It’s hard to believe that it was 2005 when Judd Apatow burst on to the scene with “The 40-Year-Old Virgin.” In these seven short years, he has gone from ‘that one guy who wrote “Freaks and Geeks” to a name that is ubiquitous in comedy. In fact, there is an entire sub-genre of Apatow-ian (pretty sure that’s a word) comedies that are usually a well-balanced mix of vulgar humor and real heart, but no one does it better than the originator.
Pete (Paul Rudd) and Debbie (Leslie Mann) are approaching their 40th birthdays, although Debbie swears it is her 38th. Pete owns a fledgling record label that specializes in aged songwriters. Debbie is the proprietor of a struggling boutique store that is losing money because of internal theft. As they deal with turning 40, they find themselves struggling to handle their growing daughters, their crazy fathers and many other obstacles to a healthy relationship.
It seems strange to label “This is 40” as a spin-off from Knocked Up because it has a completely different feel, enforced by the lack of the previous movie’s stars. Honestly, after 20 minutes of Paul Rudd and Leslie Mann, you only kind of miss Seth Rogen and have completely forgotten that Katherine Heigl ever made a movie as good as “Knocked Up.” Marketing the movie as a loose sequel to a critically and commercially loved comedy is tough business, but the stars deliver and certainly elevate something that in less capable hands could be a direct-to-DVD cash-grab.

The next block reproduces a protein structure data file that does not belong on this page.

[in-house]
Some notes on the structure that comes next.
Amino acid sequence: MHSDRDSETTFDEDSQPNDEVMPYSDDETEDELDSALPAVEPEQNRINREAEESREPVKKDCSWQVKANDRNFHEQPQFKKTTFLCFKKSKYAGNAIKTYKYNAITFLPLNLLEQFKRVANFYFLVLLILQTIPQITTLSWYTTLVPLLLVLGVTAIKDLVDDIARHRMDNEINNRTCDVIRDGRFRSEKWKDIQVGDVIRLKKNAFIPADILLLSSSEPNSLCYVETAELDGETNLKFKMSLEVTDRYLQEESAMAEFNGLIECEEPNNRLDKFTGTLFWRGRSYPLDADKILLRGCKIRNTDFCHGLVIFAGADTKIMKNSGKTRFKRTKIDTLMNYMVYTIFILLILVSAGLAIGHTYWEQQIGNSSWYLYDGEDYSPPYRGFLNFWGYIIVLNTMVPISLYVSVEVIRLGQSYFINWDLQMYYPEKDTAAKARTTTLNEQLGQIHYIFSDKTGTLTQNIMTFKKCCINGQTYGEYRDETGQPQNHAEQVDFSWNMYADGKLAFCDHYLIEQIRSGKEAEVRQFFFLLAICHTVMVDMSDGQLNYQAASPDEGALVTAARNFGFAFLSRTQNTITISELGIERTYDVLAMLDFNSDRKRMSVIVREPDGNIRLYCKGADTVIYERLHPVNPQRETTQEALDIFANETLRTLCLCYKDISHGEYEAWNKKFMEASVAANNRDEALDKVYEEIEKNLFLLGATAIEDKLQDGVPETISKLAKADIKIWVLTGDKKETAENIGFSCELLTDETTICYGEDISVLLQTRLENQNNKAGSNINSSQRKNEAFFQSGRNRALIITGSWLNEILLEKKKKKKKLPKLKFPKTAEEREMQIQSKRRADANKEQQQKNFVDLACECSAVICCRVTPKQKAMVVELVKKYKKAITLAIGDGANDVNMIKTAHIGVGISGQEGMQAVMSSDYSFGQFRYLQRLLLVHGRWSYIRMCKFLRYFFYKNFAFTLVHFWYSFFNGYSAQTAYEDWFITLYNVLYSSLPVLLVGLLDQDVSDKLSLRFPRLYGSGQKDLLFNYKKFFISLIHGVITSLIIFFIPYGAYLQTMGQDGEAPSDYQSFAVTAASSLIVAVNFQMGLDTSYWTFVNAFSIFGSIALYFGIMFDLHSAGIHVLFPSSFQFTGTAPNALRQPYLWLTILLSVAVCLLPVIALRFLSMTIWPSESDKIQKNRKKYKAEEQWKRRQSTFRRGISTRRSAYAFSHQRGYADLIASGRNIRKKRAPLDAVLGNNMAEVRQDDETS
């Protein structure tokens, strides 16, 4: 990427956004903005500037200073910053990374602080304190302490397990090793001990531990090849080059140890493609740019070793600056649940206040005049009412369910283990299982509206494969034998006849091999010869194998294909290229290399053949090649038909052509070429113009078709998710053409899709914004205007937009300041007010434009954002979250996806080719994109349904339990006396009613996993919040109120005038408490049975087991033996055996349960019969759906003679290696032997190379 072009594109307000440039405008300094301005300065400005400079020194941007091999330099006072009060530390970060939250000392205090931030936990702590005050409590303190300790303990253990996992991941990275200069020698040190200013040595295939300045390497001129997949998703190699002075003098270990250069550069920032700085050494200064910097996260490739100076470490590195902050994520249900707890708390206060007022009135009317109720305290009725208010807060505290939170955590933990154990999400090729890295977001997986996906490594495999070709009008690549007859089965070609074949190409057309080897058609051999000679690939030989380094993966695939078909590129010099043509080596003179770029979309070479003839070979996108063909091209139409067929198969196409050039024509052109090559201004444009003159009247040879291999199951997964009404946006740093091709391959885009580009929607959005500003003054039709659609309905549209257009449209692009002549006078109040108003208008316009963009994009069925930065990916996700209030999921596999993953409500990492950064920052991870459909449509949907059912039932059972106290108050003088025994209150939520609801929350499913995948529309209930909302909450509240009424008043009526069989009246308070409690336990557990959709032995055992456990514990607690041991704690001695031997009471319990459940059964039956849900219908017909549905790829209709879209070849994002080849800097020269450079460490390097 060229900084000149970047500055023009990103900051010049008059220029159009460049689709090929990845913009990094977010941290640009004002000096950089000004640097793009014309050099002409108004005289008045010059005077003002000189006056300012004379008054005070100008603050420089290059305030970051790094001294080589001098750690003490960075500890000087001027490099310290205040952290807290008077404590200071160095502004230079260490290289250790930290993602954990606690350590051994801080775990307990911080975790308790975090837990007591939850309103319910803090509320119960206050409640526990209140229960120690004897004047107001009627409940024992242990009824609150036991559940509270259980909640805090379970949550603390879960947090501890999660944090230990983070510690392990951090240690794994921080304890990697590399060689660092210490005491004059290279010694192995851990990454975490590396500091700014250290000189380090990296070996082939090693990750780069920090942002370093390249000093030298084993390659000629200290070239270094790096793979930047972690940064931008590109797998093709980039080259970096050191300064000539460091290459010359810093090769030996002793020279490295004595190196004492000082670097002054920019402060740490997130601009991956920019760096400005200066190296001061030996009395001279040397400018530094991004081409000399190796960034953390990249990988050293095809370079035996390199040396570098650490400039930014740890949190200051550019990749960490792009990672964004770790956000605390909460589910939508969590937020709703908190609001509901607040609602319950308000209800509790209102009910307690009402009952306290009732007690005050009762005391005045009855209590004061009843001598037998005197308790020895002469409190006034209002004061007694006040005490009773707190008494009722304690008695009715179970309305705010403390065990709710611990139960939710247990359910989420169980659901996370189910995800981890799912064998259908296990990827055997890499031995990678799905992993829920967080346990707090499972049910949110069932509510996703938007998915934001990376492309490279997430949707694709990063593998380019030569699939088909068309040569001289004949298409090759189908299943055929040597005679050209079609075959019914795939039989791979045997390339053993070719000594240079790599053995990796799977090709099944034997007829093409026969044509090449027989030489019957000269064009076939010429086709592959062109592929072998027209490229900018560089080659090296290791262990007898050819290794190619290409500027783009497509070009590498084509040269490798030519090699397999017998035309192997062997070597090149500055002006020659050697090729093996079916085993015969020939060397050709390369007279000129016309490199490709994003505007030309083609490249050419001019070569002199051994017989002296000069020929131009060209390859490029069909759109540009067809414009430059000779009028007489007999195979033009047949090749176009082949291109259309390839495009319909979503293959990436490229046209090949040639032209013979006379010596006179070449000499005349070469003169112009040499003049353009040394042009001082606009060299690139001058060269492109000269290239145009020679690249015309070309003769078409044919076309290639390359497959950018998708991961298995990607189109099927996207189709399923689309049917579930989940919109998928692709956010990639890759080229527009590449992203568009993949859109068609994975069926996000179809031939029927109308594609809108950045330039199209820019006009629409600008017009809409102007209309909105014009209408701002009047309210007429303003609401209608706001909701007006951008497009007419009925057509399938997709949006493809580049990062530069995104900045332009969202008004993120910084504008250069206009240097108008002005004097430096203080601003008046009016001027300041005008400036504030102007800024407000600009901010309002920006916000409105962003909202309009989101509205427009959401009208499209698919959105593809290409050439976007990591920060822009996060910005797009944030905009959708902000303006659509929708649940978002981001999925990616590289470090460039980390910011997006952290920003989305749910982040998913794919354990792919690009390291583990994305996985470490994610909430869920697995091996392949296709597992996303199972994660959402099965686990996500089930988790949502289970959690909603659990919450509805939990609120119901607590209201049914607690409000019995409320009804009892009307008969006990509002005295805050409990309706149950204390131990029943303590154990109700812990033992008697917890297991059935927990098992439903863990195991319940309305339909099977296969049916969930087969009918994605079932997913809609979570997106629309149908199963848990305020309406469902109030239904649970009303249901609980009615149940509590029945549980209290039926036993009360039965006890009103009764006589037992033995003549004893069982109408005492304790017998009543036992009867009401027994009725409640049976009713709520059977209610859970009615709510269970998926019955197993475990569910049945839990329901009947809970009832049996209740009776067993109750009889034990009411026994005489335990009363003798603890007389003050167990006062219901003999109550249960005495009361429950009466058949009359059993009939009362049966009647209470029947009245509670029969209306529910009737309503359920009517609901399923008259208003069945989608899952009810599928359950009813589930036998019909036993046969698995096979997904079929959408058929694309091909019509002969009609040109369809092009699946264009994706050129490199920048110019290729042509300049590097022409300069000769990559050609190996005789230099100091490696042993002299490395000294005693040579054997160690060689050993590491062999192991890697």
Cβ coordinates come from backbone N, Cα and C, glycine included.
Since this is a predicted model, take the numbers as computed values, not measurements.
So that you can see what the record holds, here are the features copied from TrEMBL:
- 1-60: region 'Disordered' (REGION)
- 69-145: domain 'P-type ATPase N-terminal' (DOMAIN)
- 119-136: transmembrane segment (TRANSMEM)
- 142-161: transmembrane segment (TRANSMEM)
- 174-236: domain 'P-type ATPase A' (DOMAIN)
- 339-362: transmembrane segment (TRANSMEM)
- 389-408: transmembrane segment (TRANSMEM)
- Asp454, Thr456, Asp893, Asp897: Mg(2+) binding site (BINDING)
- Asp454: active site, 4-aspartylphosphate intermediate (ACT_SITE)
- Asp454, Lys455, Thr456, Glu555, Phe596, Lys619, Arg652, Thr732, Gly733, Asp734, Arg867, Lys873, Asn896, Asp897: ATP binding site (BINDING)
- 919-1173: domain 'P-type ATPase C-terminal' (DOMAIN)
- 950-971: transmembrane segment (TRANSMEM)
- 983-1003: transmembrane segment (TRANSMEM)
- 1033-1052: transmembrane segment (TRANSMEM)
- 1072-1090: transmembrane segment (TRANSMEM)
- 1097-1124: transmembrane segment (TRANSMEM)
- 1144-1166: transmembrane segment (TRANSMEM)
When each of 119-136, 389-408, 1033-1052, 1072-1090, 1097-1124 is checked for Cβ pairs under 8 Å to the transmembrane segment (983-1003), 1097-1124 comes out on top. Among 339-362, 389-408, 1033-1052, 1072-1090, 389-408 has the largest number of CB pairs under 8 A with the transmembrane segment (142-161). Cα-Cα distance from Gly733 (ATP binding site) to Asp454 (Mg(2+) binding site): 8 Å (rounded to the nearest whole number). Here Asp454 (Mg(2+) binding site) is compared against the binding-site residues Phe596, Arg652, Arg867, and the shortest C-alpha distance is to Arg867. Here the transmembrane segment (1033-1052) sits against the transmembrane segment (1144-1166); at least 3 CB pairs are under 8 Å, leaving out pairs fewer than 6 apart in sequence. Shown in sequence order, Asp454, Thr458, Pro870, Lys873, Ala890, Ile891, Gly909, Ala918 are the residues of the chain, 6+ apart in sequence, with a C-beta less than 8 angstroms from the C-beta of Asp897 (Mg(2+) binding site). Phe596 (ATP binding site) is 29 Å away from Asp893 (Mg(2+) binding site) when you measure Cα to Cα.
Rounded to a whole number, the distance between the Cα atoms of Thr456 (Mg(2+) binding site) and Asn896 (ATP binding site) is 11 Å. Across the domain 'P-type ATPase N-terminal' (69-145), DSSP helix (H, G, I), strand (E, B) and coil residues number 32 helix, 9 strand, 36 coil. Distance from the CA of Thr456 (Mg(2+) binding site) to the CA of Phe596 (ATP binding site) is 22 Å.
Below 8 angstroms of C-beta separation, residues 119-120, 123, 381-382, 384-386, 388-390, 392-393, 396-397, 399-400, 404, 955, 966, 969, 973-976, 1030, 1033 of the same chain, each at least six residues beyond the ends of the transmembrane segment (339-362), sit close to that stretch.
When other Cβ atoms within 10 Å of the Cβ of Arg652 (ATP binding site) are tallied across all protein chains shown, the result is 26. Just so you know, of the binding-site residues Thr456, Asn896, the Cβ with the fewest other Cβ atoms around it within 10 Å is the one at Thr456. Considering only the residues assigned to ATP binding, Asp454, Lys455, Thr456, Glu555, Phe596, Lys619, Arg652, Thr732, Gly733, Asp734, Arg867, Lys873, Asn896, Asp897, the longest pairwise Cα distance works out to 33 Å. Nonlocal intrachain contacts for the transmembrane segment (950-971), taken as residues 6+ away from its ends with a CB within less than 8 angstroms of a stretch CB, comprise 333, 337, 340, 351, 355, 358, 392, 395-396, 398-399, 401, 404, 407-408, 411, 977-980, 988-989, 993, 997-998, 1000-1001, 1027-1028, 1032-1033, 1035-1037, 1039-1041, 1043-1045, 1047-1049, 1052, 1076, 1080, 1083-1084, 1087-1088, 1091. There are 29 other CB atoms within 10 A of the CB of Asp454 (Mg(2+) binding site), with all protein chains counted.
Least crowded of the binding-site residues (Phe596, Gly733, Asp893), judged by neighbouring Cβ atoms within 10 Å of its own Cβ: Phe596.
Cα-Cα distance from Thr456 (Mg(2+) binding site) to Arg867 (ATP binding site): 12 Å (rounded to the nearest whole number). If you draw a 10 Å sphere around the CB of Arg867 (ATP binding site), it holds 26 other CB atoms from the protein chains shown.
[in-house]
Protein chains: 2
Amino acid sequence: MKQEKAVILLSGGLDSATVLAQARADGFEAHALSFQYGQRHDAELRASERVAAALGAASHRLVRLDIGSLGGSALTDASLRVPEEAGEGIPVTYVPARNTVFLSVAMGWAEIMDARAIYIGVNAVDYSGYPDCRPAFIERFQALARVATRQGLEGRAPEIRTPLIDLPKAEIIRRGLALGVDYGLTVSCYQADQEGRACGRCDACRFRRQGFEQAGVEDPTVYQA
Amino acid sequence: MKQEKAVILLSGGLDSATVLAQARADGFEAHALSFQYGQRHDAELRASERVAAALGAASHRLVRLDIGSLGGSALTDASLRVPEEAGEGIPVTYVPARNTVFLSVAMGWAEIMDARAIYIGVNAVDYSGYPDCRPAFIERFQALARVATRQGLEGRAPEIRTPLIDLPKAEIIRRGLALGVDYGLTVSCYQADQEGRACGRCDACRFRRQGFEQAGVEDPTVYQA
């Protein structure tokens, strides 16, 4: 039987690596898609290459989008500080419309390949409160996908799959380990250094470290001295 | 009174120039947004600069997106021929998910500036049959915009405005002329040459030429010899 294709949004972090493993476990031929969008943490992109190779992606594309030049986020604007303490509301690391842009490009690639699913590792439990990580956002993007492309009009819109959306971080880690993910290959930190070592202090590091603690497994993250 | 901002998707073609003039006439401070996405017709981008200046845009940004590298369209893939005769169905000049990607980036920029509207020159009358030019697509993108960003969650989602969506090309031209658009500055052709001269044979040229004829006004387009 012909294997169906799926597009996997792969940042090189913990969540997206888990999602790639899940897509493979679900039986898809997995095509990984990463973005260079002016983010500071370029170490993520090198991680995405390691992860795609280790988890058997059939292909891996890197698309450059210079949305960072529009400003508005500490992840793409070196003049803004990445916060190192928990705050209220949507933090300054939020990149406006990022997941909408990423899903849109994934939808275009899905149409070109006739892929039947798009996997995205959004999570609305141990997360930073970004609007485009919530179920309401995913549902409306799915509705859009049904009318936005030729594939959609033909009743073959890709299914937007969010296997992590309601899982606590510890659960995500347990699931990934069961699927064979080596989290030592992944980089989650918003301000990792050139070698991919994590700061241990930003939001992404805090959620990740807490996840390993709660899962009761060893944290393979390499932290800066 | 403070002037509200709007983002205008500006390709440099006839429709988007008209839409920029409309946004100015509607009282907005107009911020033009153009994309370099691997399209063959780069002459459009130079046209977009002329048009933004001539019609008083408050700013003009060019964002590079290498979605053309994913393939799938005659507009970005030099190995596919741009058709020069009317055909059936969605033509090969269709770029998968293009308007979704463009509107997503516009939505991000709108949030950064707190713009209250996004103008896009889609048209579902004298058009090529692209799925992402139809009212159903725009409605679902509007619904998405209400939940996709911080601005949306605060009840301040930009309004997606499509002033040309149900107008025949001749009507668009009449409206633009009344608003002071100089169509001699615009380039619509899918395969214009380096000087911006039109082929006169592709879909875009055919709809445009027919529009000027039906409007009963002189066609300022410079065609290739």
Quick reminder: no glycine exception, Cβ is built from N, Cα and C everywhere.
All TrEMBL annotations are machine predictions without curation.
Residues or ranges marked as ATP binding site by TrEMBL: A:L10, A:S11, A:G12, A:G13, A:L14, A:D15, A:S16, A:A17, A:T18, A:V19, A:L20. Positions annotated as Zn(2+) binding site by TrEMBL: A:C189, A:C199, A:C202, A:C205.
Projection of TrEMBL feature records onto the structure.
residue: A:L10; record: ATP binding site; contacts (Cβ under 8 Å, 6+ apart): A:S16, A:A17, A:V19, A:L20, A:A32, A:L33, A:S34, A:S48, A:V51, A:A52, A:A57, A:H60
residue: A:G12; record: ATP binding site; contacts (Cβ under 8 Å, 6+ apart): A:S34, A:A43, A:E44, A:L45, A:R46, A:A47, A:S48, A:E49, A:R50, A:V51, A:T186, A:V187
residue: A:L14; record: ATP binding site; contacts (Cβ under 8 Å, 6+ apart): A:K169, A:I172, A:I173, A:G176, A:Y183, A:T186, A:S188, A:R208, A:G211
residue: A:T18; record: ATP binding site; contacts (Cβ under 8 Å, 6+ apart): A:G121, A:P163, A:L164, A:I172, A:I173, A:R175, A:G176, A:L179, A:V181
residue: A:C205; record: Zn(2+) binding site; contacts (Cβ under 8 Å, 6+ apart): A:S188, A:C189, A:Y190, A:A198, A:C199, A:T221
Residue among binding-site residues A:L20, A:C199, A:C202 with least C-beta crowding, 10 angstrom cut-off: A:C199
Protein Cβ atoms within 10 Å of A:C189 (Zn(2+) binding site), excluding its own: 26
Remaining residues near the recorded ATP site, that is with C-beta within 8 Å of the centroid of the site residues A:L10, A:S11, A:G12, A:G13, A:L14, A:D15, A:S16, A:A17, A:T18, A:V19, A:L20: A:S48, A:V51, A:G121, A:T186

Paul Rudd may get top billing, but it is Mrs. Apatow, Leslie Mann, who is the real star here. She is charming, cute and hilarious: sometimes at the same time. She manages to bring out all the frustration that a wife would have when dealing with a man-child husband (I think she may have personal experience). While Rudd will probably never be anything other than Paul Rudd in a movie, I’m not complaining.
Albert Brooks and John Lithgow are both great as Pete and Debbie’s fathers, respectively. Each one of them brings a different set of problems and each of them has obviously scarred their child in a way that affects their relationship. The rest of the movie is filled with a mix of Apatow’s usual players, his children and Megan Fox who is surprisingly decent.
While the movie may be 20 minutes too long (as are most of his movies), it is riotously funny. I need to see this movie again just to hear all the bits I missed under the ear-piercing laughter in the theater.